But despite the moments of darkness that she experienced in her work, she said she would never regret her time as a prostitute. "I'm not embarrassed by my sex work at all. It gave me a good life. Thanks to that, I found a good man and I gave my children a last name. Your grandfather kept his promise and got me out of there. I found my family."
Growing up, I put Grandma on a pedestal. She had always lived with me in my family home; I'd got to know her on an intimate level, not just the way you'd form a relationship with a grandparent who lived in another city. What always particularly struck me about my grandmother was her ability to always remain calm, no matter what the situation. Whenever my parents would argue, she'd simply walk into the room, tell them 'quiet down,' and walk out like nothing was even happening. When someone would cut her off in traffic, she'd roll her eyes in a way that seemed like she pitied them for being inept. The way she tranquilly approached conflict was the opposite of me; I was a crier, I had anxiety attacks, and I would raise my voice. I wanted to be serene like her.
That same stability is what won my grandpa over. As her client, he visited her at least two nights a week, something she told me was rare in sex work. Usually, you'd have regular clients, but 'regular' meant once or twice a month for her. She knew he was falling in love with her because not only did he tip her very well (something else that was rare), but he began to ask her questions about her personal life, interests, ambitions, and family. I asked her if she felt threatened or if he was being intrusive, but all she said was: "We were falling love."
If men have the right to pay for sex without judgment, then women also have the right to make sex their career.
They regularly met outside of the brothel in secret, which was strictly forbidden. They got to know each other more over the course of six months, and then Grandpa proposed to her. My grandma knew he was at least financially stable enough to afford prostitutes, but she admitted that she was worried about money; she still had two young children to feed, and they weren't even his. Unexpectedly, when they got married, he gave her two sons his last name and took care of him like his own. After my mother was born, they left Caracas together and flew to America and settled down in Miami.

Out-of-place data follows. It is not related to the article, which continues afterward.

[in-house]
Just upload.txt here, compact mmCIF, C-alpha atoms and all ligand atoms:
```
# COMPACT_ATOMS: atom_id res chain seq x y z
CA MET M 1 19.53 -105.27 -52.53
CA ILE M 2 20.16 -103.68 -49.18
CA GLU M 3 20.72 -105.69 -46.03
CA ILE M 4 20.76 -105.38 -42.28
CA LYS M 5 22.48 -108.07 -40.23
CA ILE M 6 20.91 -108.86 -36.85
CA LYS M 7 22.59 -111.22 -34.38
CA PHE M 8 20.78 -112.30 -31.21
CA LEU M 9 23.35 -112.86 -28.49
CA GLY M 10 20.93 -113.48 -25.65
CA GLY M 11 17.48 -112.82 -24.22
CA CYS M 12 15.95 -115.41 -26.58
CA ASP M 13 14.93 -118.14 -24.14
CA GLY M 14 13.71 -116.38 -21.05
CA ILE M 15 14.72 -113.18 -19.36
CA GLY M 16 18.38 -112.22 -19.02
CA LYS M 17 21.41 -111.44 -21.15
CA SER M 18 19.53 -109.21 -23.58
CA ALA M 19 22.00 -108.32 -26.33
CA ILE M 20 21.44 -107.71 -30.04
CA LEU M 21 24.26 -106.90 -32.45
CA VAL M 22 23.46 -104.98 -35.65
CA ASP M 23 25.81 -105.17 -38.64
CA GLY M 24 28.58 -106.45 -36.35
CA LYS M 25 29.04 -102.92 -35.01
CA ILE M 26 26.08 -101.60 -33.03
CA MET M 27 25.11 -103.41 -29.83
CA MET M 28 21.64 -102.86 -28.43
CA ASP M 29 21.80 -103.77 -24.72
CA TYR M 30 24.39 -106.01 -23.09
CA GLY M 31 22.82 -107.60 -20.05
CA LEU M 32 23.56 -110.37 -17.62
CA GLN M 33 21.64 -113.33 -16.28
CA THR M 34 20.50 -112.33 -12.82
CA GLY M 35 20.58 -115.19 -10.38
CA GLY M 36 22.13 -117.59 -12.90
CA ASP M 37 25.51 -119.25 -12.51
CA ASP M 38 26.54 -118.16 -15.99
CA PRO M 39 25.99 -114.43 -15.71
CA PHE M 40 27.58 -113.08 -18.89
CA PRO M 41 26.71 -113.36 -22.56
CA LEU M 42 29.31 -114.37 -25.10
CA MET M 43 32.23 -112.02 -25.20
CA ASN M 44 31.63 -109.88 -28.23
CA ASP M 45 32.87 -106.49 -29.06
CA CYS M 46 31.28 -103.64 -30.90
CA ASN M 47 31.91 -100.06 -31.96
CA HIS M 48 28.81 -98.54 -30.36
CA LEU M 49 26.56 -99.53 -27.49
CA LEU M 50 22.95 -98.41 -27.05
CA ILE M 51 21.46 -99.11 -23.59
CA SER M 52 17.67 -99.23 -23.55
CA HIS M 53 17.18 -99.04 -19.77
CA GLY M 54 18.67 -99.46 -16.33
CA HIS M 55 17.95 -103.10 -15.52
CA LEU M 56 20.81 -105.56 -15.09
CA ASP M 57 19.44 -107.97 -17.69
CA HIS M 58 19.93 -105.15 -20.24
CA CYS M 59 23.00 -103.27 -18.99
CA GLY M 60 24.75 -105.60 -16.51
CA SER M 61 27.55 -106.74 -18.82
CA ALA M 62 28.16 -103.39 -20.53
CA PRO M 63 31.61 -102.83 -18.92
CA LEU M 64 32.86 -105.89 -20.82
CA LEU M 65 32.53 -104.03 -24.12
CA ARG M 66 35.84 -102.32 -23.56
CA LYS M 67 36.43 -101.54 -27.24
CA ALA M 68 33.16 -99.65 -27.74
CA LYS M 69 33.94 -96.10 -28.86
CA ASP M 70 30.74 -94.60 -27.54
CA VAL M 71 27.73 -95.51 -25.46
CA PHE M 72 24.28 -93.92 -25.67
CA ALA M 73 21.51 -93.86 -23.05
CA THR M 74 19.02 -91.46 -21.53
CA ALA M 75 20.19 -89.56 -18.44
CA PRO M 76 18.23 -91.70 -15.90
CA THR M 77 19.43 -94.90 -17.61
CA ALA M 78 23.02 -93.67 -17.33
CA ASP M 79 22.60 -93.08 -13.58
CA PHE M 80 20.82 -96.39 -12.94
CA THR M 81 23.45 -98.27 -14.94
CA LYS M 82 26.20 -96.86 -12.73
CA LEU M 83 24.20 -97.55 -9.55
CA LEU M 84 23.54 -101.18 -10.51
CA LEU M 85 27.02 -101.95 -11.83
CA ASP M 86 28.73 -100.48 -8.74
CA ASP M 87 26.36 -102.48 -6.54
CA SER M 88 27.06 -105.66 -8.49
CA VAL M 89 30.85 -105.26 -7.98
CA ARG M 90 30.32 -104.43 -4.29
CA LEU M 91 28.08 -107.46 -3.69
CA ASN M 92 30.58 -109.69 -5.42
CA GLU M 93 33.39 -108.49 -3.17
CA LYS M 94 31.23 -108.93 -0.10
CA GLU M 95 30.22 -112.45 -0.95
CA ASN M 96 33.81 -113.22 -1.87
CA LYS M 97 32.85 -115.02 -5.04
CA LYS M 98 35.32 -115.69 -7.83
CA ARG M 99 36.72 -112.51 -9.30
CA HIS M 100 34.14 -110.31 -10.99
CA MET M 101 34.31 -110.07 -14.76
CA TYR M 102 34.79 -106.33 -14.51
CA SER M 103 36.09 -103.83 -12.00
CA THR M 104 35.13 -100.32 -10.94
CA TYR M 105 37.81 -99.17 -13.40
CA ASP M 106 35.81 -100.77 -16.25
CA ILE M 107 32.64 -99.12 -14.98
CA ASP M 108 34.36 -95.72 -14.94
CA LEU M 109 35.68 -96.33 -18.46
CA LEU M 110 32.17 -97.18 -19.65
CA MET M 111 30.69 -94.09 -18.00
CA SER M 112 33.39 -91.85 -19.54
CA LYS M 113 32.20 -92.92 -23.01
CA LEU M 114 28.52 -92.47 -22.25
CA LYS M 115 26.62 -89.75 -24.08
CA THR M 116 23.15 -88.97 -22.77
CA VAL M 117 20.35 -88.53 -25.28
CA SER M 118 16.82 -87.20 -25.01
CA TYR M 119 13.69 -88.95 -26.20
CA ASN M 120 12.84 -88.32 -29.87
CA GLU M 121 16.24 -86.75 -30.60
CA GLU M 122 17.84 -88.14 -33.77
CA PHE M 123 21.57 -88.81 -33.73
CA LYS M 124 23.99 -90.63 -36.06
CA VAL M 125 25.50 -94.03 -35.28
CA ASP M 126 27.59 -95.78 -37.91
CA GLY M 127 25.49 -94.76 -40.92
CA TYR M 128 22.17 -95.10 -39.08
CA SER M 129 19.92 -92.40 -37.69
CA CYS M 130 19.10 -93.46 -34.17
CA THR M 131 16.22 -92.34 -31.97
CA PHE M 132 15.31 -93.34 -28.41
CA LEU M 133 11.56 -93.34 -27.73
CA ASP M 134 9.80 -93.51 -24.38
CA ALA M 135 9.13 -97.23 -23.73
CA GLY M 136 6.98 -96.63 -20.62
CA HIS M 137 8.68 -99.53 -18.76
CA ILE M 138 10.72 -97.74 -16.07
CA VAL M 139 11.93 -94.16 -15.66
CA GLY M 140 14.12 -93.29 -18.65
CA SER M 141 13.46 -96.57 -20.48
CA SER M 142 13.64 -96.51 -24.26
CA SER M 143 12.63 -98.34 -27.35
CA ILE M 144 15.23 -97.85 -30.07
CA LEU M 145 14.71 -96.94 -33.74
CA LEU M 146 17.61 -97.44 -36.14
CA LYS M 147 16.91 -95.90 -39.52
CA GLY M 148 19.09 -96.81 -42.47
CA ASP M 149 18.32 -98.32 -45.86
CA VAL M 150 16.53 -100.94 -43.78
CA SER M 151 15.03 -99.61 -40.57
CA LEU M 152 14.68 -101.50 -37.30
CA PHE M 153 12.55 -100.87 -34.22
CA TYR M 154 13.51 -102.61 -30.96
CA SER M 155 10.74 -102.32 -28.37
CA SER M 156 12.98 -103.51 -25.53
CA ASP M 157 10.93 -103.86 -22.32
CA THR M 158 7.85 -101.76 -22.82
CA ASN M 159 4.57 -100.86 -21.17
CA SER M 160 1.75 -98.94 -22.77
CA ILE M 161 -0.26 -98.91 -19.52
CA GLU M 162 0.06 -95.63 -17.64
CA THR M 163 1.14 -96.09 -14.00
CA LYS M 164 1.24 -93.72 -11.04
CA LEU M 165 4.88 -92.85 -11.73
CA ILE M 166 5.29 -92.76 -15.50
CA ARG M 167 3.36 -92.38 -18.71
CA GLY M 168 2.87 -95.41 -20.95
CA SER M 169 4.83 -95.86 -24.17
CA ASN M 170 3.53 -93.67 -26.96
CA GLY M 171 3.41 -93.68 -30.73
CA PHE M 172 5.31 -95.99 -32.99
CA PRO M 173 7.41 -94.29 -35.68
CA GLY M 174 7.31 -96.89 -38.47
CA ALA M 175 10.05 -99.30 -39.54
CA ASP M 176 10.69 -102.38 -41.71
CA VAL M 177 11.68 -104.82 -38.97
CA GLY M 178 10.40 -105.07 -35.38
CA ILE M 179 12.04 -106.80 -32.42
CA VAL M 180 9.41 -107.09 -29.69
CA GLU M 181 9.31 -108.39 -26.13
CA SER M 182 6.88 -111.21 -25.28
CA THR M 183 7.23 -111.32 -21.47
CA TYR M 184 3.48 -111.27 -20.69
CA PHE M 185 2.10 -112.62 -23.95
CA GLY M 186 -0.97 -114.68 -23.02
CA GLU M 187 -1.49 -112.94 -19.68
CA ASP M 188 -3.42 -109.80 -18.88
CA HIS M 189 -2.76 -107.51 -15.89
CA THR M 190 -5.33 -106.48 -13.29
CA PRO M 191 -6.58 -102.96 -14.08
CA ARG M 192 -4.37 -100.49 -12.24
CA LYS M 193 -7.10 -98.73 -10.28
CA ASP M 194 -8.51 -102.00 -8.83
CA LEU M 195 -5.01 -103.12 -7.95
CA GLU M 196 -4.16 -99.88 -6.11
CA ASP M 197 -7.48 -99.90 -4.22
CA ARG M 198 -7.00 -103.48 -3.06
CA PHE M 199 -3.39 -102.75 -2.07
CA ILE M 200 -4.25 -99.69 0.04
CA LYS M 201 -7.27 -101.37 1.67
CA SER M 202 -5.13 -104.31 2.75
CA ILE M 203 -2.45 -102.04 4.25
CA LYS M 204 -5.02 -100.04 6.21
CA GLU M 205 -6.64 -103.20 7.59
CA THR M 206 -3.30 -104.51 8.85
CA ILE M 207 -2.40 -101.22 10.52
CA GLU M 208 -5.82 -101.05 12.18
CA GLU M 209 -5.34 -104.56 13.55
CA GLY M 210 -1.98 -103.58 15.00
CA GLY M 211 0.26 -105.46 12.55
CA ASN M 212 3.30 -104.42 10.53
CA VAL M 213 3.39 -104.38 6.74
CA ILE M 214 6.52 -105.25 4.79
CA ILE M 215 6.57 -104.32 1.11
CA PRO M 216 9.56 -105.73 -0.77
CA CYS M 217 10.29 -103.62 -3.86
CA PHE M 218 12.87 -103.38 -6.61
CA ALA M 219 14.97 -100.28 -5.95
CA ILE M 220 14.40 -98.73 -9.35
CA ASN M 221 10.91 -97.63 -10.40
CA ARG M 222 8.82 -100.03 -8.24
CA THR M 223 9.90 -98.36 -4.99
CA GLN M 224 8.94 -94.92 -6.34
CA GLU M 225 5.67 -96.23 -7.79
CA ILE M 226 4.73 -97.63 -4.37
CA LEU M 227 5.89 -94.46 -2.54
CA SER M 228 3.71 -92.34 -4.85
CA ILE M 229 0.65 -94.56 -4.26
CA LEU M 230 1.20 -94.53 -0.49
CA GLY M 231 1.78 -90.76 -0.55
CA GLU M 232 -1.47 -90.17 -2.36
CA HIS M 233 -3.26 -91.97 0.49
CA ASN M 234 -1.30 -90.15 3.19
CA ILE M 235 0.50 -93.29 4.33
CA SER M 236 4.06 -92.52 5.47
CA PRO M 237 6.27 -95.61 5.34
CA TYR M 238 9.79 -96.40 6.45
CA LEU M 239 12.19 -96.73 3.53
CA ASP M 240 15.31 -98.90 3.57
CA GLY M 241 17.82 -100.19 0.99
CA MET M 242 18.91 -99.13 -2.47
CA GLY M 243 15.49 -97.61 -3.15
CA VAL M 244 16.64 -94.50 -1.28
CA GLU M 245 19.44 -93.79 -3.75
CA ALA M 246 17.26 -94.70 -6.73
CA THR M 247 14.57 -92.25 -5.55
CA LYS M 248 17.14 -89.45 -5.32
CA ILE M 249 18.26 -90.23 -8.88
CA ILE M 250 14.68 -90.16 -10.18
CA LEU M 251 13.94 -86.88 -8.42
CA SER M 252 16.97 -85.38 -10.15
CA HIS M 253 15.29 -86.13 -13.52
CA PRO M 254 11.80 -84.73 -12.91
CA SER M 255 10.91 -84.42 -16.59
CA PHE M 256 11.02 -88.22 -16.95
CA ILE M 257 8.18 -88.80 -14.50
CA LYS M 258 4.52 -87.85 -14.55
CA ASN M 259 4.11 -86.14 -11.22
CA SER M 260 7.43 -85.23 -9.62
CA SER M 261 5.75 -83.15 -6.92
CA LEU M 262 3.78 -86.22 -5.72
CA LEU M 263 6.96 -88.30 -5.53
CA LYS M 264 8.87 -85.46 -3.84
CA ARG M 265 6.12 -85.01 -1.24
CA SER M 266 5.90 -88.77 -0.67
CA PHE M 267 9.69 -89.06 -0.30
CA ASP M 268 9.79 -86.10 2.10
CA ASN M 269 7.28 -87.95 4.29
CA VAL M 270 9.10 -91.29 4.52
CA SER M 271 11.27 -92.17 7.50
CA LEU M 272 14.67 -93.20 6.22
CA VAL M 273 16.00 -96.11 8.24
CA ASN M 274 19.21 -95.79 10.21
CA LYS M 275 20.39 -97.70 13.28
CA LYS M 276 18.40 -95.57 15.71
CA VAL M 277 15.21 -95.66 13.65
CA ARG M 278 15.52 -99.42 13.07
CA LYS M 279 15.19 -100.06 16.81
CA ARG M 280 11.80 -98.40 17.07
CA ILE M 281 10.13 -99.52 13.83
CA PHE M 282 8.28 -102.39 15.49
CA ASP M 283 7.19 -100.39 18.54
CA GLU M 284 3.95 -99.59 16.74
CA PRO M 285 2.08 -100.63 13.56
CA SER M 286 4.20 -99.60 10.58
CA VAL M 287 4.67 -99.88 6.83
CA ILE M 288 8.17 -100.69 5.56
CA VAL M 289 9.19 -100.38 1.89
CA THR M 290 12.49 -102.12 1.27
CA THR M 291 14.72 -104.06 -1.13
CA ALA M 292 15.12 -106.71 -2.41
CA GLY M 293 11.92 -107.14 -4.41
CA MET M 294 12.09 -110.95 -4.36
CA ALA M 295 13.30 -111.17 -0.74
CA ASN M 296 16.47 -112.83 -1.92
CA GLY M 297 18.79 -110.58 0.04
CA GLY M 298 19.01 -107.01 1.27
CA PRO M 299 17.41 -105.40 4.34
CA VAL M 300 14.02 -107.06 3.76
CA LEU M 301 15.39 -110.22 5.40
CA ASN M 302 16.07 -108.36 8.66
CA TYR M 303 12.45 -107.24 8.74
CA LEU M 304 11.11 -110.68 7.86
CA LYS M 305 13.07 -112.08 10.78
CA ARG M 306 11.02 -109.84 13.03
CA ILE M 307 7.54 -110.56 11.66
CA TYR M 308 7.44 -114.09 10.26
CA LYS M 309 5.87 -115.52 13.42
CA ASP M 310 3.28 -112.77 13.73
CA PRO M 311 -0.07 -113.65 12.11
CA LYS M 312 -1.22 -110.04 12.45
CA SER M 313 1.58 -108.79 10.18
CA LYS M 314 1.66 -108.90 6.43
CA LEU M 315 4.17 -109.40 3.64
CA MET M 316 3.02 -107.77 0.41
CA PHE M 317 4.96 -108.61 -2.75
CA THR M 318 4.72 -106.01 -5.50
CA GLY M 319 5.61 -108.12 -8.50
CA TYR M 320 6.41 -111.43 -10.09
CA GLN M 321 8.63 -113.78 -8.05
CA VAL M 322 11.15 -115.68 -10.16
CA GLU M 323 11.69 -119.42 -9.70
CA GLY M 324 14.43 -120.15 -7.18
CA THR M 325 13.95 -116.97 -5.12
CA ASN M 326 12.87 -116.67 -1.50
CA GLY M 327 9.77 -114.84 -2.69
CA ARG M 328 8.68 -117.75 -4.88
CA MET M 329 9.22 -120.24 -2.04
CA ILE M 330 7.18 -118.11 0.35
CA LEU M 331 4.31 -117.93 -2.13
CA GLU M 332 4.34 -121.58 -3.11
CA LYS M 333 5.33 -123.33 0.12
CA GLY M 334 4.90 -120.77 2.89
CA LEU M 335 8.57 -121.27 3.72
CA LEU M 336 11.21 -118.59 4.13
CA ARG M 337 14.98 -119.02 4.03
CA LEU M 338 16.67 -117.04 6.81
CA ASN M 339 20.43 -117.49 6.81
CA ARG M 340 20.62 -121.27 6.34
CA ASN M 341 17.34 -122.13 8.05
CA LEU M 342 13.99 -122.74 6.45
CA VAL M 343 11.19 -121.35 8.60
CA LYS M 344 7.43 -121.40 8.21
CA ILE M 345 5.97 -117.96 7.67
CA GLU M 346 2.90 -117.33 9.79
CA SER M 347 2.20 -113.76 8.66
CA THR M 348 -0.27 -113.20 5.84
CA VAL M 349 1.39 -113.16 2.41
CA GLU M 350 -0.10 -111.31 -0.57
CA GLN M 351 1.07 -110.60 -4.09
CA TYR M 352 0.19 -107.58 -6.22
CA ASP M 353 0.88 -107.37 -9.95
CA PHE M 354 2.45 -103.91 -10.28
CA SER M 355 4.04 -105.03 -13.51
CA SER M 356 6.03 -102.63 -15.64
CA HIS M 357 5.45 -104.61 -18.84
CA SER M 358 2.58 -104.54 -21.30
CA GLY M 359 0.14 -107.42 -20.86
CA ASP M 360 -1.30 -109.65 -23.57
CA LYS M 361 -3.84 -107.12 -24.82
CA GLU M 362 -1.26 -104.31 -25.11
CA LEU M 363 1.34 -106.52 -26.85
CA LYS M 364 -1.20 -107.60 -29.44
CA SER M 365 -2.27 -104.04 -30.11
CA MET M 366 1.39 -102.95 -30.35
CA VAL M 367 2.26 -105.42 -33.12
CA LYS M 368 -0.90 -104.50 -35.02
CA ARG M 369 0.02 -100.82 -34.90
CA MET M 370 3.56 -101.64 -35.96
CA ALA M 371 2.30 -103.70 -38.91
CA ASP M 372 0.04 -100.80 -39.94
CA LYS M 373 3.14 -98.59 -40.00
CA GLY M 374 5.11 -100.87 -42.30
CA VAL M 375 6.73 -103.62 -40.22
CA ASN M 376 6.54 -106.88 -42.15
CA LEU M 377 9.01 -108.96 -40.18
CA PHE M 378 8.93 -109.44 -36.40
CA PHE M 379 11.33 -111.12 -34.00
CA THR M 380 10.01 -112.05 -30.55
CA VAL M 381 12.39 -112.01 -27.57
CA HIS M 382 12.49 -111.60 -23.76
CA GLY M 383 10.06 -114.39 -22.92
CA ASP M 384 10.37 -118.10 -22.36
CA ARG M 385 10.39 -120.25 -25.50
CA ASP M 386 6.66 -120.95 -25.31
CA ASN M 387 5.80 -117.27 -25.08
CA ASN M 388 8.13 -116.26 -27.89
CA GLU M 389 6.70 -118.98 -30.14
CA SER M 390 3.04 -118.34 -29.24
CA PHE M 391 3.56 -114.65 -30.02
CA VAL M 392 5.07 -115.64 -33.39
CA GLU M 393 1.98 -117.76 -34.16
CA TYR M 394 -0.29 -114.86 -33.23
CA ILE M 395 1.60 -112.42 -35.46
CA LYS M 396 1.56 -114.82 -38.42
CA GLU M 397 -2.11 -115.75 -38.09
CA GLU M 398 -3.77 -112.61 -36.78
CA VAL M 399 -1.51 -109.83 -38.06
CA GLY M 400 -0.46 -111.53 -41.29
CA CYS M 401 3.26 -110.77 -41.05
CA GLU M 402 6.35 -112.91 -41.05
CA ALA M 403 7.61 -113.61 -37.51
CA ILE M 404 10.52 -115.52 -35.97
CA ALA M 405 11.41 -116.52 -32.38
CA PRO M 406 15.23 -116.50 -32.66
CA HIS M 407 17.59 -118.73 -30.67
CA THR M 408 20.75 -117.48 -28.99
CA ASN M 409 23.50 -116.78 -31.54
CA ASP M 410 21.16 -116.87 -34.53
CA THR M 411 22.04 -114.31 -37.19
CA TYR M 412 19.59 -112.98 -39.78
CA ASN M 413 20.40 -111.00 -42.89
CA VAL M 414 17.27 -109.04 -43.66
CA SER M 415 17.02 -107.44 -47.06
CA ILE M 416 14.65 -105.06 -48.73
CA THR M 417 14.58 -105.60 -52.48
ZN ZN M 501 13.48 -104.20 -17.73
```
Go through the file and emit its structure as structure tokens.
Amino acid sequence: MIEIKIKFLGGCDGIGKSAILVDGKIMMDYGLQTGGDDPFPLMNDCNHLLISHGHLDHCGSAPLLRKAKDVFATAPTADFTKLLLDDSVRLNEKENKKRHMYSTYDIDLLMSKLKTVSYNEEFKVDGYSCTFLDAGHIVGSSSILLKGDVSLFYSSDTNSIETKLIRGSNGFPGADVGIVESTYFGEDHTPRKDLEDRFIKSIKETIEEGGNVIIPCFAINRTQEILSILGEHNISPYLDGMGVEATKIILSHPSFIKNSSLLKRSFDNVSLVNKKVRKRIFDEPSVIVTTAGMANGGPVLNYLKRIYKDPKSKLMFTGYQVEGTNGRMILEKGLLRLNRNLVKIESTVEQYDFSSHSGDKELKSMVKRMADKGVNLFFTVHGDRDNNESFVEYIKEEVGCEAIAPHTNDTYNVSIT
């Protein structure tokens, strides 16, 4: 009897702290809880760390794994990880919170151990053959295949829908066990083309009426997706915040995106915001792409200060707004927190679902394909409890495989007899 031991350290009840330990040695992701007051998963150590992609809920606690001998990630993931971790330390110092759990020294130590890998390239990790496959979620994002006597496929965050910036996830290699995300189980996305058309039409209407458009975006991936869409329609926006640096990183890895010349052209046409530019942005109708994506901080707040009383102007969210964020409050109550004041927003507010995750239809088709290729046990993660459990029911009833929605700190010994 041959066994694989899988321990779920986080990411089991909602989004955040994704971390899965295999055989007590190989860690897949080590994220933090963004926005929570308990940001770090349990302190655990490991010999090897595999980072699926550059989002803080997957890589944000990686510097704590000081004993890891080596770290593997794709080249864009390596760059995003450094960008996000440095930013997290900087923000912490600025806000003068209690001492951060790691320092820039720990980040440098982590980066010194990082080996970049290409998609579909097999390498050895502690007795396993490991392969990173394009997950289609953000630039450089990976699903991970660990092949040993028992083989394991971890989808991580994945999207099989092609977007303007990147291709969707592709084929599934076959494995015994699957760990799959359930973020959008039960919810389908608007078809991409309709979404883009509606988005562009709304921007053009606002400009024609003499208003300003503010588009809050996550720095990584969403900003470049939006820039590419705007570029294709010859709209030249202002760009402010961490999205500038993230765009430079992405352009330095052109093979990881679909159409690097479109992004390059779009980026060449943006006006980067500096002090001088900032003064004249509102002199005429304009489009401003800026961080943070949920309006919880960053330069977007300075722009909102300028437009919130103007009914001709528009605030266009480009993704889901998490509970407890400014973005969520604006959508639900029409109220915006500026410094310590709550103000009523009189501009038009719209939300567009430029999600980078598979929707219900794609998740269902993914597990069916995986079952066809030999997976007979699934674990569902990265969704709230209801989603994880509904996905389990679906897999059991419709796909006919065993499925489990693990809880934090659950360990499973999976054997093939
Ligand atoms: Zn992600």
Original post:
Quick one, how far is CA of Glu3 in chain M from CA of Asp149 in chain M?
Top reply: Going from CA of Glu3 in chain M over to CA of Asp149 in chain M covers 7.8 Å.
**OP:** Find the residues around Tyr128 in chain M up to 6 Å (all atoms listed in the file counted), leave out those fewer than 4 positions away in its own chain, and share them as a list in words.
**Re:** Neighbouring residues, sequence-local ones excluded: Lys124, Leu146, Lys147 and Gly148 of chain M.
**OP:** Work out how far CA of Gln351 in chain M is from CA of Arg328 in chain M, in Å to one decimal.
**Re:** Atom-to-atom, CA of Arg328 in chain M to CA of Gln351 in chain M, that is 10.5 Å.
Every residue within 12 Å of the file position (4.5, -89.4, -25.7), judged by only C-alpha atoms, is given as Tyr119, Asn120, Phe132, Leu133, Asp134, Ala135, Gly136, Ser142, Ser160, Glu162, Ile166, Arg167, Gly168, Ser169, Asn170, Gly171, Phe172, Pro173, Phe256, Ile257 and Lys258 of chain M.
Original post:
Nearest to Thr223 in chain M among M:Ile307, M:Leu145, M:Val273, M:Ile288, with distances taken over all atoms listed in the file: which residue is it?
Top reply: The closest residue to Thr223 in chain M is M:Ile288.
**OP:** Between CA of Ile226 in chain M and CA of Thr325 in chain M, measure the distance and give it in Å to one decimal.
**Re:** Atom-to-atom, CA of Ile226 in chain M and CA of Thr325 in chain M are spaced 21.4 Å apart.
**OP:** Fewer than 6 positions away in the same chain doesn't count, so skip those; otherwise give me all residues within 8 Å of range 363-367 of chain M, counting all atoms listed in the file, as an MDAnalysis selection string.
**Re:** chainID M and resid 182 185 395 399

I wondered how many people in my family knew of her past — news must have travelled far enough to reach my dad, because my mom's family was never particularly close to him. When I asked her if she told anyone, she simply said, "No". My mom later told me that there were rumors flying around the family, but it was just brushed under the carpet. Understandably, at that time, it was likely that my grandmother's own family would have disowned her if the truth came out.
When I was younger, Grandma always told me I needed to be a lady, but one who was smarter than all the boys around her. Now I know why—she was one of those women. "I felt empowered as a sex worker and a woman. I felt in control," she said. "I could handle the situation and manipulate it in a way that only benefitted me."
Towards the end of our phone call, I thought a lot about my dad's attitude towards her on the night he told me. He approached every word with extreme trepidation, almost to make sure he wasn't over-selling the story, worried that I would find a part of it attractive. He wouldn't even call it prostitution; he would say "what she did." His clear disrespect for my grandmother had the reverse effect — it made me disrespect him.
My grandma is still the best woman I know, and her life choices have made her who she is. She's 82 now and lives a long way from appointment-only brothels of Caracas. Down the phone, she told me her story with the same authority and confidence she had back then. "If men have the right to pay for sex without judgment," Grandma told me, "then women also have the right to make sex their career. I'll stand by that until the day I die."